The Thousand-Dollar Tan Line by Rob Thomas
My rating: 5 of 5 stars
If you are like me, and own the Complete Series, and waited with bated breath for The Veronica Mars Movie but still haven’t slaked your V-Mars thirst, please please read The Thousand-Dollar Tan Line. It’s fantastic. And if you haven’t seen the series (for some crazy reason), and you like witty banter, fast-paced mysteries, Southern California noir, and wisecracking heroines who can fire a gun but still be waylaid by their own hearts, READ THIS BOOK. Then watch the series and the movie and be in love with all of it.
Tan Line picks up right where the movie left off: Keith is recuperating from his wounds, Logan is out to sea (and stays there), and Veronica is trying to keep Mars Investigations afloat on her own when a juicy case walks in the door, courtesy of the Victoria’s Secret model-turned-Neptune-Grand-owner, Petra Landros, who hires Veronica to investigate the disappearances of two spring-breakers. Landros, by the way, is a great new character in a book with our old favorites (Weevil! Wallace! Mac!) and even some returning faces (Norris Clayton, the trench-coat with a crush on Veronica and Japanese weapons, now working for the Neptune PD). Tracking down the two missing girls gets Veronica involved with a Mexican drug cartel, and that’s just the beginning. Since this is Neptune, no one is who they seem to be, and Veronica gets thrown quite a few curve balls.
I’m one of those fans who loves the Logan-Veronica pairing, but having that mostly off the table (seriously, Logan only pops in a few times via Skype) lets us focus on what makes Veronica so special, and we travel deeper into her psyche than ever before. Courtesy of a major plot twist, Veronica has to decide whether to assess her own prickly approach to boundaries, especially those in her past, and she grapples with this in a much more mature way than she was able to in high school. The book opens up more territory for Veronica to explore beyond her love life, and lays some groundwork for what future chapters in the saga might look like.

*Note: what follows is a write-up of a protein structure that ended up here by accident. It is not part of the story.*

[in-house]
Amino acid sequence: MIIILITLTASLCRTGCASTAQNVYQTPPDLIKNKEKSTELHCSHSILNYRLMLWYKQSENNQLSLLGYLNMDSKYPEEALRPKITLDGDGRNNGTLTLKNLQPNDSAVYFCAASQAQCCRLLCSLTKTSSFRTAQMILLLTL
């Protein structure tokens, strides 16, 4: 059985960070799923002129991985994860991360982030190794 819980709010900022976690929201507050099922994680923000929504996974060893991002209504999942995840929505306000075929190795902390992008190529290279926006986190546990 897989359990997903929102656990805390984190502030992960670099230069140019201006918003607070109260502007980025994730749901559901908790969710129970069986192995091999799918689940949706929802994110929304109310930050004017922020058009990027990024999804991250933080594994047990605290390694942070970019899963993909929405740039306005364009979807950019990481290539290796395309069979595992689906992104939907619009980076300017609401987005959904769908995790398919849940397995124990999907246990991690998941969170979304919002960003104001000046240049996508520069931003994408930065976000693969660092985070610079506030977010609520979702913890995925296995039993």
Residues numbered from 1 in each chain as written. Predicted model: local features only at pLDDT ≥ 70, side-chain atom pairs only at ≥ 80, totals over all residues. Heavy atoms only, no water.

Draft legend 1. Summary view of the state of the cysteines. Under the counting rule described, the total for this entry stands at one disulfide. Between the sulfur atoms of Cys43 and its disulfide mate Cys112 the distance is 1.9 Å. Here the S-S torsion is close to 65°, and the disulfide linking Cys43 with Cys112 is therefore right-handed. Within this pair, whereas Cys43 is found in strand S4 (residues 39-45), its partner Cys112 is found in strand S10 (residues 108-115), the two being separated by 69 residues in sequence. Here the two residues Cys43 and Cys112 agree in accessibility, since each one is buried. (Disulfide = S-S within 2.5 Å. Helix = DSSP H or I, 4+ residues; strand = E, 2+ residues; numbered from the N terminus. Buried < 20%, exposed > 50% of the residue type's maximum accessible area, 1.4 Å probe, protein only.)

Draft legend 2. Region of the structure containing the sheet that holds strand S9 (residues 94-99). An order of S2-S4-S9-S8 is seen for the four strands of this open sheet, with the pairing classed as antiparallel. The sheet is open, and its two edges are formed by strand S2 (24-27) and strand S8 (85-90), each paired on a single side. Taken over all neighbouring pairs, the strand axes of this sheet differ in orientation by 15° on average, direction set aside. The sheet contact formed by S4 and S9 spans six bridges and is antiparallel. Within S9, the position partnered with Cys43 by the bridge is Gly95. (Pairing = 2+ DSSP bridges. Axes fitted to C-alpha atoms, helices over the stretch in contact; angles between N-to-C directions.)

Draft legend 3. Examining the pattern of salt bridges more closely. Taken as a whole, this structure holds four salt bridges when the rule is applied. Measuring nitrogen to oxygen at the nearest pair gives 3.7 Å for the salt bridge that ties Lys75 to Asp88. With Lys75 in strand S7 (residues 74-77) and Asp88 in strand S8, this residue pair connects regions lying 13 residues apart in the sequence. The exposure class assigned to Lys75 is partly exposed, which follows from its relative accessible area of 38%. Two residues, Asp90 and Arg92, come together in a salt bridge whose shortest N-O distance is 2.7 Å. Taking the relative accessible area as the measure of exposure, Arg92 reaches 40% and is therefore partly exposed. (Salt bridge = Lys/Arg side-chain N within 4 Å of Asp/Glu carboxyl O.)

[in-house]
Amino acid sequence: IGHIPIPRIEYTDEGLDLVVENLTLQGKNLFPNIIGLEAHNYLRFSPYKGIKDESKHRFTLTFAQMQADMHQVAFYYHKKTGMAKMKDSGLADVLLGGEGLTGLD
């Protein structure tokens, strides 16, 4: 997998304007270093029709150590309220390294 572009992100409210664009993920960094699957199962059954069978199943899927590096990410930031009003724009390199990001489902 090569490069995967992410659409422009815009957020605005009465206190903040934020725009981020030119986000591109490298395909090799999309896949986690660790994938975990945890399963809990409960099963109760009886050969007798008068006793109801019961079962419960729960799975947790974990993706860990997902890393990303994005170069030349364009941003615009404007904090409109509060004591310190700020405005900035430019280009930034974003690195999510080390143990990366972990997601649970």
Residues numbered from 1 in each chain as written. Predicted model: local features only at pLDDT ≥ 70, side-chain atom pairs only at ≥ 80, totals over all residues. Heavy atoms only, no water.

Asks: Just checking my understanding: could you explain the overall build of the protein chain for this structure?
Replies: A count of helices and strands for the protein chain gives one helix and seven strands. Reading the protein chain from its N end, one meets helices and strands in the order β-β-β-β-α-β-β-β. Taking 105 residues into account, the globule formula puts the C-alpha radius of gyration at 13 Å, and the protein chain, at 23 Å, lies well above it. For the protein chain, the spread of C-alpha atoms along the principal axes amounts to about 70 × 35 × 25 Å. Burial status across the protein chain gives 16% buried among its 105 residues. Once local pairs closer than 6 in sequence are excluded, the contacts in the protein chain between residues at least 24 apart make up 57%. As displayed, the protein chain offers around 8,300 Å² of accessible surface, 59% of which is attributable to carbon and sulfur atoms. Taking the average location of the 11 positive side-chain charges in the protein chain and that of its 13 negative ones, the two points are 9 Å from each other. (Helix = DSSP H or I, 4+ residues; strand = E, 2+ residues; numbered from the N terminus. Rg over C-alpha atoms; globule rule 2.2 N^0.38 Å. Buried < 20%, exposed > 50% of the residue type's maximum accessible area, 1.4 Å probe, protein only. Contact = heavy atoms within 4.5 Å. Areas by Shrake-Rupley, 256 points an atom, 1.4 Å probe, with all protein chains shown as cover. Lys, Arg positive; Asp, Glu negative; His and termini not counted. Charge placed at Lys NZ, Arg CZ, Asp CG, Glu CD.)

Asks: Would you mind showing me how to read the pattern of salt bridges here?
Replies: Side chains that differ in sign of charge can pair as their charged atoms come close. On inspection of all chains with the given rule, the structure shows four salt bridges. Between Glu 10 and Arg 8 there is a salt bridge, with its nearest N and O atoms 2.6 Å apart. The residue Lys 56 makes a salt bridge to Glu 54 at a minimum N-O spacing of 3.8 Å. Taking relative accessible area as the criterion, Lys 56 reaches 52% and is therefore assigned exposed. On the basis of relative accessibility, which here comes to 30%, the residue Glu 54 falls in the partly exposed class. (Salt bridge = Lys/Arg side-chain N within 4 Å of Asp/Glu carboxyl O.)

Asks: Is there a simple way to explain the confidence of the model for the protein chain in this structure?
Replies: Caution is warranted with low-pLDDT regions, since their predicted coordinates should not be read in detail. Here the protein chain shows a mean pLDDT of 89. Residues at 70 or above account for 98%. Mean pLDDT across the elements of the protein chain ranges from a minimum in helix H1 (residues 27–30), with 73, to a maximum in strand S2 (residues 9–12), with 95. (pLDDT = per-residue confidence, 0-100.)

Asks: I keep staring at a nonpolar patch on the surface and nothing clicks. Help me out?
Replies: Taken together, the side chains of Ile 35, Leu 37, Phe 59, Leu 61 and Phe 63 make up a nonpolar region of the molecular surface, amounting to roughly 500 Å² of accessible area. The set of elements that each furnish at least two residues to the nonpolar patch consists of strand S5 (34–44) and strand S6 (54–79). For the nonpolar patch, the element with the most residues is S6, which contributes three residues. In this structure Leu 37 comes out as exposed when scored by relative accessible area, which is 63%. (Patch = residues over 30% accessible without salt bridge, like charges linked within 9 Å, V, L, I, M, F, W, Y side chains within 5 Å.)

Apparently there’s some controversy over the fact that the book is told in third-person, not first-person, but I think this is silly, honestly. Whether it’s “I” or “Veronica” speaking, we’re in the same perspective, and it maps perfectly with the perspective fans of the series will expect as well as establish Veronica as a character many readers will love. I think we get to know Veronica even better here, because we’re not limited to what she’s willing to say but instead get to hear the interior emotions we often only saw on Kristen Bell’s face.
I’m really looking forward to more mysteries, whether or not there’s ever another movie, and I think Rob Thomas is doing an excellent job continuing to unfold the Mars universe and let Veronica evolve as a protagonist. The world of Neptune still has much to show us about the dark side of the American dream, and Veronica has much to learn about herself and her place in it.
View all my reviews